Graduate Certificate in Artificial Intelligence for Military Use

Curriculum 128

Computer Science Department, Naval Postgraduate School



Program Overview

  This is a four-course sequence offered by distance learning (videoconferencing) in four successive quarters. Courses earn graduate-school credit.

  The goal is provide military professionals and civilians with basic understanding of artificial-intelligence capabilities to enable good decisions on procurement, implementation, and application of artificial-intelligence technology.

  The focus is on the software concepts and technical details that can best support military operations and why.

  A Bachelors degree is required. No technical background is required beyond high-school algebra. However, students must be prepared to encounter some new mathematics.

  Some laboratory exercises will use artificial-intelligence tools but will not require programming.

  This curriculum supports the Federal Training and Development of Artificial Intelligence program.



Administrative Details

  Lectures will be given by Zoom or Teams videoconferencing software. They can be viewed while they are given (and questions will be fielded), but lectures will also be recorded for later viewing by those who cannot attend them. No travel is required for this program.

  The certificate program will generally be offered in four successive quarters starting in the Spring quarter. It may be possible to start in the Summer quarter with the second course since it is independent of the first course. However, an organization sending a cohort of 20 or more students can choose another quarter for all of them to start.

  Completion of the four courses yields an Academic Certificate in Artificial Intelligence for Military Use.

o   The certificate requires about 360 hours of total work over the four courses, including lectures, readings, homework, and test preparation.

o   The courses total 14 graduate credit hours, 8 at the 3000 (introductory graduate) level, and 6 at the 4000 (advanced graduate) level. Four credit hours means four lecture hours per week plus around six hours outside class per week.

  Students must be U.S. Federal government employees (including active-duty military) or Federal contractors.

  NPS distance learning programs are described at The NPS Admissions Office, and, can explain how to apply. Generally we need applications for admissions by early in the Winter quarter (the first full week of January) if the student wants to start in the Spring Quarter, though we can accept some later applications and applications at other times of year.

  Tuition is $2700 per course, except for active-duty personnel who are free. A student must be sponsored by their organization and the organization must have a Student Support Agreement with NPS; contact if you have questions.

  Other programs in computer science at NPS are described at Prospective students may also be interested in the Robotics certificate.

  Currently the Computer Science Department is proposing to the School that three certificates which they approve (like the Robotics and Data Science distance-learning certificates along with this one) be combined to qualify for a Master of Computing degree. Conditions are that the student must take 40 hours of work of which 30 hours are at the 4000 level, and that the three certificates must be completed within 5 years. We hope to get approval soon.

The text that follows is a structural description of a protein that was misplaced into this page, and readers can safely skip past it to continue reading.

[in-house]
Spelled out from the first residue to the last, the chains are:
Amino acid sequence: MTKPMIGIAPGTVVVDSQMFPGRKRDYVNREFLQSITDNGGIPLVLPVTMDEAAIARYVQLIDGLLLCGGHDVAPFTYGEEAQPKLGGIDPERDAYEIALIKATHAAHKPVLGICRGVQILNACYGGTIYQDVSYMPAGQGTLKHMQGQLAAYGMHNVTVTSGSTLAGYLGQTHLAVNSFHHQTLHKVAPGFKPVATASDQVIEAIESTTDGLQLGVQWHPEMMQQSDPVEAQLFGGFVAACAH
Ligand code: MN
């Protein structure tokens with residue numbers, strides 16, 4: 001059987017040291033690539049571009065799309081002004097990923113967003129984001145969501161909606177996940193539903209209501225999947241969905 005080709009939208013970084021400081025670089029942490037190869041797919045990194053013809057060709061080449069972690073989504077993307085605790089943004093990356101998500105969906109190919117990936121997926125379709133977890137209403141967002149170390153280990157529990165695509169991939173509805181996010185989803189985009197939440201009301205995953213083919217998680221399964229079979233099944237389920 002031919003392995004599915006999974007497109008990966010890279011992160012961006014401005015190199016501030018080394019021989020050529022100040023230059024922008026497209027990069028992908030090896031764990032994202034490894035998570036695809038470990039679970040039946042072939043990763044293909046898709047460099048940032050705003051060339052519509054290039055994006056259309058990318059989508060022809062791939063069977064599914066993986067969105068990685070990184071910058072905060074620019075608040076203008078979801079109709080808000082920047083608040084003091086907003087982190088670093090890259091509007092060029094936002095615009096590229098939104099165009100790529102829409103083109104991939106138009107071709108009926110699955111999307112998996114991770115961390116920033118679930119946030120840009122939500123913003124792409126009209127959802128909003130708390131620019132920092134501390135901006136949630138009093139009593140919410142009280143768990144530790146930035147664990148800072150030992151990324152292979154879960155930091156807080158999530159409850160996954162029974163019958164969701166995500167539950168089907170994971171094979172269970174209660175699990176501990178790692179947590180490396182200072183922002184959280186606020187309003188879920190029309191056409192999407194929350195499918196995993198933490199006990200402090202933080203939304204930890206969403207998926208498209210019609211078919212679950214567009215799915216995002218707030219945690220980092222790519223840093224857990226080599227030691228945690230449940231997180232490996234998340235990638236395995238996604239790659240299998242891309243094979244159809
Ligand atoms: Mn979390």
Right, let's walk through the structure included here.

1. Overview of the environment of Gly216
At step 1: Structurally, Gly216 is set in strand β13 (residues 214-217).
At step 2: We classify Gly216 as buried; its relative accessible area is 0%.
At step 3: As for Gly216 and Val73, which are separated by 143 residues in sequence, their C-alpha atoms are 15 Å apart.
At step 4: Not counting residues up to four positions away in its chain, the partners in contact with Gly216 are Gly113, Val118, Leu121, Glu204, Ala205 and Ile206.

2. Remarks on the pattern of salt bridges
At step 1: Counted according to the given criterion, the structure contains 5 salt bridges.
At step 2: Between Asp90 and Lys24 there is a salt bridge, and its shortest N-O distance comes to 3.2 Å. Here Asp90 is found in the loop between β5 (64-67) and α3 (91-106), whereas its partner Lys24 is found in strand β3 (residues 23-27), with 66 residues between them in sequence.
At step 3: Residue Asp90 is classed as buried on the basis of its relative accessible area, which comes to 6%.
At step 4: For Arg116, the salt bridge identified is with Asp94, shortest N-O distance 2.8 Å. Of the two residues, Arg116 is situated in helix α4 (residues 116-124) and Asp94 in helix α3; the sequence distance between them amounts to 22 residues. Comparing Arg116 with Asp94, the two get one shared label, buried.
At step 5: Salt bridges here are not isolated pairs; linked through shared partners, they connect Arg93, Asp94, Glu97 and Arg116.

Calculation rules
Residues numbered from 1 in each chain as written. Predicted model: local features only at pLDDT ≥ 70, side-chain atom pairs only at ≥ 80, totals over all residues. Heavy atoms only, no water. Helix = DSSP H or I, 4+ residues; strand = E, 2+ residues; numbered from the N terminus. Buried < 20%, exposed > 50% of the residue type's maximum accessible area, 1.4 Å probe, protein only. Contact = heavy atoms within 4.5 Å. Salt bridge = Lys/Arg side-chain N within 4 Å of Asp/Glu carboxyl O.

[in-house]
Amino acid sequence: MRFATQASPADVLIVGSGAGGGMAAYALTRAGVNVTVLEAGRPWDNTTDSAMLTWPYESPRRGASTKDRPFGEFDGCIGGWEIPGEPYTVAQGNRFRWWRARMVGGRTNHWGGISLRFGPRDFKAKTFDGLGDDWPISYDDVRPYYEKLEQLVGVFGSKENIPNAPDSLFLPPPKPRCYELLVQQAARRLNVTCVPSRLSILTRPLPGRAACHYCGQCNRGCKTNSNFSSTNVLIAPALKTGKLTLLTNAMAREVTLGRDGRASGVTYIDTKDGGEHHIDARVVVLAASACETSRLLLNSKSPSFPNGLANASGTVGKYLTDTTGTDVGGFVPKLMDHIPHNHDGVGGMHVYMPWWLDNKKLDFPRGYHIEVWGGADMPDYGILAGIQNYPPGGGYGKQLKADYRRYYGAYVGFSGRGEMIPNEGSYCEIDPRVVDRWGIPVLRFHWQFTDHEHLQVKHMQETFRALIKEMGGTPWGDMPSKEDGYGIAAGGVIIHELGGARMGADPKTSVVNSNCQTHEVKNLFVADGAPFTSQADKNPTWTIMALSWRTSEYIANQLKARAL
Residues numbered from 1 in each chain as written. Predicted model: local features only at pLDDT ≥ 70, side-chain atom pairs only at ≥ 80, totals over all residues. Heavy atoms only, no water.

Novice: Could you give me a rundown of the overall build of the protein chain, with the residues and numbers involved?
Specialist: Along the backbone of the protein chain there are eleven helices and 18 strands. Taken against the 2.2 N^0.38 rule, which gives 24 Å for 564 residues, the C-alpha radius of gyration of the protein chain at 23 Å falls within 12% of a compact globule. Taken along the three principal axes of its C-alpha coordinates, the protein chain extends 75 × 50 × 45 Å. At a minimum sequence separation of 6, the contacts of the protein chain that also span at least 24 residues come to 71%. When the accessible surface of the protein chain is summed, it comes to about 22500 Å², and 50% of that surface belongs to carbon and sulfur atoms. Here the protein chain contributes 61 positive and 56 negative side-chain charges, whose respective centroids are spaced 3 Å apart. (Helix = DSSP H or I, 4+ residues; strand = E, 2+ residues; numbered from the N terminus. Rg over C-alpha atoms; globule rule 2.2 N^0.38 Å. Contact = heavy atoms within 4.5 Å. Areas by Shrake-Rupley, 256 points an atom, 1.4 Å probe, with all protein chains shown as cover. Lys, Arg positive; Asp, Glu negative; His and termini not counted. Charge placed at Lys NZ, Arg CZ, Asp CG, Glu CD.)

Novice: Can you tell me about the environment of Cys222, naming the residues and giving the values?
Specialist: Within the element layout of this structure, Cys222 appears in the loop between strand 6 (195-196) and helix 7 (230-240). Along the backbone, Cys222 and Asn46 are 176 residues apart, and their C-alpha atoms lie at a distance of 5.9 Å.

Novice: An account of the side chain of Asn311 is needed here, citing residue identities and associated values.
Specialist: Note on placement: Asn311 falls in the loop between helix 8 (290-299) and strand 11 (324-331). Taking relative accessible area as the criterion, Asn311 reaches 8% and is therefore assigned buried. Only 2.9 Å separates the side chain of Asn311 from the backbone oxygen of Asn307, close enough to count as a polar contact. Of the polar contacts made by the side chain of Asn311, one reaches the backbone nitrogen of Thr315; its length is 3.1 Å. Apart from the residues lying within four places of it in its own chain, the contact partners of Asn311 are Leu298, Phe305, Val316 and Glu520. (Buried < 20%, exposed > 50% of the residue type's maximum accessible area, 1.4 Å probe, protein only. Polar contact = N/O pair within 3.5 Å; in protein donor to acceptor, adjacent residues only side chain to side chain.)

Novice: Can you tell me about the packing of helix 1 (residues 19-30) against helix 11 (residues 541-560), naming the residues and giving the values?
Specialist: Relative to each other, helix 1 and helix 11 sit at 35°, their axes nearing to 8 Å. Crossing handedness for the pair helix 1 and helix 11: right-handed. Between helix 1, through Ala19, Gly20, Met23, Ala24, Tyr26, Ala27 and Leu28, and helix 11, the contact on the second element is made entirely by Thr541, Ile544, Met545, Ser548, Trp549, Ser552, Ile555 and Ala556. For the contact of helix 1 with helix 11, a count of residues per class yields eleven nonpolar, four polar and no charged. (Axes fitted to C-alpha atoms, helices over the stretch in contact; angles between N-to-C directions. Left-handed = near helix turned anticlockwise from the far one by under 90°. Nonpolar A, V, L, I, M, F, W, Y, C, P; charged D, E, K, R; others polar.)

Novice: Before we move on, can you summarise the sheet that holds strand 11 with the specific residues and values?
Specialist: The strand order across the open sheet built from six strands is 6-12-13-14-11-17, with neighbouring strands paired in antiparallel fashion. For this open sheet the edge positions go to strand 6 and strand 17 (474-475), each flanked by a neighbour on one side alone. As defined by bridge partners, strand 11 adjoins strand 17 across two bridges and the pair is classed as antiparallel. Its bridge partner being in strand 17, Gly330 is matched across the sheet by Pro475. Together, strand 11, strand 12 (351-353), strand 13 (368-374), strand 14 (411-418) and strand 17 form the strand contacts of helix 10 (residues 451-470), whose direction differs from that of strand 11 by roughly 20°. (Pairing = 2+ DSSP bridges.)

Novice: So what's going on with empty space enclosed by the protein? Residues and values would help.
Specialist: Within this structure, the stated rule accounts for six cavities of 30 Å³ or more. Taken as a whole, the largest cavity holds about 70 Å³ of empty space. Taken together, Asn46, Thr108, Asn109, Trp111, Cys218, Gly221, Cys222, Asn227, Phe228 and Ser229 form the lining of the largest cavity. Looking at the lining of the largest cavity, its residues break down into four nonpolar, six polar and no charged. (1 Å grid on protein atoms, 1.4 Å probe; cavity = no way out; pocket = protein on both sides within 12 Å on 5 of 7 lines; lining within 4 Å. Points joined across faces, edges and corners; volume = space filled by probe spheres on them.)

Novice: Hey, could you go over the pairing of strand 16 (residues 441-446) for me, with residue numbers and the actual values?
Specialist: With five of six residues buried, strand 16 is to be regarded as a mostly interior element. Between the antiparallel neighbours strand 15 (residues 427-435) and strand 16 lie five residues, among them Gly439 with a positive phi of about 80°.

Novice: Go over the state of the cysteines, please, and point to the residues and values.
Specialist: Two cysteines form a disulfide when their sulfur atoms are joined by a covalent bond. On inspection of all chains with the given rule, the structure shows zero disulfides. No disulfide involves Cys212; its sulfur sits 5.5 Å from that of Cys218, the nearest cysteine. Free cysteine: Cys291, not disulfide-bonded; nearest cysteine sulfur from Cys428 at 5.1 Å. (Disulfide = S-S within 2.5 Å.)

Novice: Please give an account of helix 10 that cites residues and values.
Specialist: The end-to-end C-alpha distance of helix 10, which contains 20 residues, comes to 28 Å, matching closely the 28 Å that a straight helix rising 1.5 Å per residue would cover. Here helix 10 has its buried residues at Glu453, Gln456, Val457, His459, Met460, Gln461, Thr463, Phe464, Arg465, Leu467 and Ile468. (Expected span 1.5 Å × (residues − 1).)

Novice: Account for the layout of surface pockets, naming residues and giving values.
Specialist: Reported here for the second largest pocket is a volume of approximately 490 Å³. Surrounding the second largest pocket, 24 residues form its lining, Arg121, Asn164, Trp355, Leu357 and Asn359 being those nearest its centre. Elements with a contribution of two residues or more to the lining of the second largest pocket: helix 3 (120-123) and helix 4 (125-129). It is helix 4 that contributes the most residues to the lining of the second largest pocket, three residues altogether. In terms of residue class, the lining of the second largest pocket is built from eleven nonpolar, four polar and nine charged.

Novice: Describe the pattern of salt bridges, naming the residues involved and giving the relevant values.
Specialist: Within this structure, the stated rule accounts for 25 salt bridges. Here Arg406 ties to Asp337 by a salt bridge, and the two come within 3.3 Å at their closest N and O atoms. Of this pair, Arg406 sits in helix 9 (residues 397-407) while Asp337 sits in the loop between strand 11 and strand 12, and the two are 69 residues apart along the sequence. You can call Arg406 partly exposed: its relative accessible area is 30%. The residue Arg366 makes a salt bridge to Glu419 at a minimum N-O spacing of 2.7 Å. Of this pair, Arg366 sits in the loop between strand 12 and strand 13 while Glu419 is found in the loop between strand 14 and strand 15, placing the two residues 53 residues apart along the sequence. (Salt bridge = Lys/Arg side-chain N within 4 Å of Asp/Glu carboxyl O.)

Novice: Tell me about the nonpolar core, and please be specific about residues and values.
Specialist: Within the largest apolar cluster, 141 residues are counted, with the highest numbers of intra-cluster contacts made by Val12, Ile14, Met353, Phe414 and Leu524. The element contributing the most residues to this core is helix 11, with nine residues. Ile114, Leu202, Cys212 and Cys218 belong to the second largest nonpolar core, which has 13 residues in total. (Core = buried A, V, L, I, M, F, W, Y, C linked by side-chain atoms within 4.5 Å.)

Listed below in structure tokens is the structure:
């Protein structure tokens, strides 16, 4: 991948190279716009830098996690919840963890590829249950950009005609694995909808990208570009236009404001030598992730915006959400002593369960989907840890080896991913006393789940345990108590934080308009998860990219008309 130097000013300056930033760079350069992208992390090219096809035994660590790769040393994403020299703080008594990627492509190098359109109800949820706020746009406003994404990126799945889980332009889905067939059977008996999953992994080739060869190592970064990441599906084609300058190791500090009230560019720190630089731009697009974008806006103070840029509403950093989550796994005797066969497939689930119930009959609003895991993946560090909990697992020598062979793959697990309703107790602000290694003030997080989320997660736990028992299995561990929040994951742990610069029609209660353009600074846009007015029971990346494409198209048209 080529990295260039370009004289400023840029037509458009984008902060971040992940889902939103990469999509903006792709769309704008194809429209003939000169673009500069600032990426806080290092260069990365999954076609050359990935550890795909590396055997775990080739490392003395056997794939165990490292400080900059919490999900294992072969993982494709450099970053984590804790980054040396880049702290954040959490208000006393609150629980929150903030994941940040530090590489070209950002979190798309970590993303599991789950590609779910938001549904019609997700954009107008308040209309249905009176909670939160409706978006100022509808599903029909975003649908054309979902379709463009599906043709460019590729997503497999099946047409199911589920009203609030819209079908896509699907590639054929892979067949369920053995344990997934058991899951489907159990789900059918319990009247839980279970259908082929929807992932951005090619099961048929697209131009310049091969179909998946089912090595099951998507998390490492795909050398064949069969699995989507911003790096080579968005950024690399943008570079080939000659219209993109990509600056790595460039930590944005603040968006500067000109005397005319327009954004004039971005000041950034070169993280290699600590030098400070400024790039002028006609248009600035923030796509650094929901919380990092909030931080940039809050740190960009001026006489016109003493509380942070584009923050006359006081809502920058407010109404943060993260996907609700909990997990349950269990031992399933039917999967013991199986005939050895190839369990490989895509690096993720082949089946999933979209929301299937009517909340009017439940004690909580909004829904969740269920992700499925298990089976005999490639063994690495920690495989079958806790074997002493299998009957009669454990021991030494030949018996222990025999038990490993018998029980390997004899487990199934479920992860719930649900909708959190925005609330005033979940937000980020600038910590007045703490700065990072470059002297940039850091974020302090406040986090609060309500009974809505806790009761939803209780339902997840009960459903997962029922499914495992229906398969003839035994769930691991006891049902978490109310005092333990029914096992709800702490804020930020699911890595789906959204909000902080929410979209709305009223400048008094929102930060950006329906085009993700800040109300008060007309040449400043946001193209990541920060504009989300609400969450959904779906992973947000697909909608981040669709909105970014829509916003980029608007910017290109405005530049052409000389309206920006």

Contact: Prof. Neil Rowe,, (831) 656-2462, (831) 373-1732. See




Courses in the Certificate Program

  First quarter: CS4000 (0-2), Harnessing Artificial Intelligence. See CS4000_description.pdf. This is a broad overview intended to answer the most often asked questions about AI. It can be taken alone if a certificate is not desired. It is taught by many different professors, and involves two hours a week. It has weekly exercises and a final report is required. The remaining three courses are traditional graduate courses that have homework, tests, and projects.

  Second quarter: CS3331 (4-0), Basics of Applied Artificial Intelligence. See CS3331_syllabus.pdf. Basics of artificial-intelligence concepts illustrated with military examples. Topics include knowledge representation, logical reasoning, probabilistic reasoning, heuristic search, agent-based systems, and social artificial intelligence.

  Third quarter: CS3332 (4-0), Applied Machine Learning. See CS3332_syllabus.pdf. Survey of machine-learning techniques of artificial intelligence with a particular focus on military applications. Topics include types of machine learning, training and testing of machine learning, data preparation, decision trees, Bayesian reasoning, linear models, neural networks, case-based reasoning, and reinforcement learning. Each method will be related to important military and government applications.

  Fourth quarter: CS4333 (4-0), Current Directions in Artificial Intelligence. See CS4333_syllabus.pdf. A survey of currently important topics in artificial intelligence. Topics include big-data management, advanced topics in neural networks, adversarial machine learning, explainability, testing and verification of artificial-intelligence systems, ethics and privacy issues in artificial intelligence, and other legal issues in artificial intelligence.